In the first large-scale effort of its kind, researchers have determined the full genetic sequence of more than 200 distinct strains of human influenza virus. The information, being made available in a publicly accessible database, is expected to help scientists better understand how flu viruses evolve, spread and cause disease. The genomic data already has enabled scientists to determine why the 2003-4 annual influenza vaccine did not fully protect individuals against the flu that season.
The new genomes are the initial results of the Influenza Genome Sequencing Project, a joint effort of the National Institute of Allergy and Infectious Diseases (NIAID), part of the National Institutes of Health (NIH), and multiple partners including NIH’s National Center for Biotechnology Information (NCBI), the Wadsworth Center of the New York State Department of Health in Albany, NY, and The TIGR Institute for Genomic Research (TIGR) in Rockville, MD. The report was published online in the journal Nature on October 5.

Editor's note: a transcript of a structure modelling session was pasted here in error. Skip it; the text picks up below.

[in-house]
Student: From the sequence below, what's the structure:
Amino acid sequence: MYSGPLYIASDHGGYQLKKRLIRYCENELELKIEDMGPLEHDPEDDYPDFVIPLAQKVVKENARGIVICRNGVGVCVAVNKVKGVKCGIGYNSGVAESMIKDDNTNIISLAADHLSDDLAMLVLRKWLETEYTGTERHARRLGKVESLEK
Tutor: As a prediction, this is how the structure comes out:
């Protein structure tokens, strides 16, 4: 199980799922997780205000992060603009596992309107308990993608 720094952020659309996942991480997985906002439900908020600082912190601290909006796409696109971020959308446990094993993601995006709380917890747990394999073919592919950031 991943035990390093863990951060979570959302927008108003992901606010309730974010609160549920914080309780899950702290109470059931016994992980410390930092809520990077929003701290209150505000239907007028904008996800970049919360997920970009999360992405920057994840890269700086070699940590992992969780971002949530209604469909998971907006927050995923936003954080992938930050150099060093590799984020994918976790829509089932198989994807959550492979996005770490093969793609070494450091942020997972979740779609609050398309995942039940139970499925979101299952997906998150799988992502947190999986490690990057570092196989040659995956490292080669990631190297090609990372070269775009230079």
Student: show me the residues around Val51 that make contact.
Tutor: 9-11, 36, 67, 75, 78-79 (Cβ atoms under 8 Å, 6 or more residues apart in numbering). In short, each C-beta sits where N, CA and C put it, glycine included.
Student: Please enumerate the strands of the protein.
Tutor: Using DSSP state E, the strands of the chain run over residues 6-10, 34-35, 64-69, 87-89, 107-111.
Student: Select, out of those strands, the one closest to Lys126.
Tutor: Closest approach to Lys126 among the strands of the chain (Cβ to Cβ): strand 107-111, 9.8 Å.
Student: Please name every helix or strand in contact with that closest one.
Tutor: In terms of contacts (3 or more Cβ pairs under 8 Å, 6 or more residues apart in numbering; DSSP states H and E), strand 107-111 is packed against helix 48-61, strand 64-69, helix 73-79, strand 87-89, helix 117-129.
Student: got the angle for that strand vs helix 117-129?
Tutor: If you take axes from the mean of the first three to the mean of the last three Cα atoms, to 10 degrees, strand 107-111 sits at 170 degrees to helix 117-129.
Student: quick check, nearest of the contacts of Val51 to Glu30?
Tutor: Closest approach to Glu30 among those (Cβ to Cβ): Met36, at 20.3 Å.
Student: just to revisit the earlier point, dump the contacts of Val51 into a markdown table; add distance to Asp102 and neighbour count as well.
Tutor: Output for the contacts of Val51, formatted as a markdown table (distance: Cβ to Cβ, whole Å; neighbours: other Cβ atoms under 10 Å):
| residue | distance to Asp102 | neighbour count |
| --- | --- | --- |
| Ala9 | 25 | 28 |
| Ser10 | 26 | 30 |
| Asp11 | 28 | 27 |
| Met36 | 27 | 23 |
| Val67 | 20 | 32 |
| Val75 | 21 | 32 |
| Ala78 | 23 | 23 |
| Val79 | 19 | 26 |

For more information about the Influenza Genome Sequencing Project, visit the project Web site at http://www.niaid.nih.gov/dmid/genomes/mscs/influenza.htm. A press release issued at the launch of the genome project in November, 2004, is available at http://www3.niaid.nih.gov/news/newsreleases/2004/flugenome.htm. More information about the National Center for Biotechnology Information, part of NIH’s National Library of Medicine, is at http://www.ncbi.nih.gov/ .
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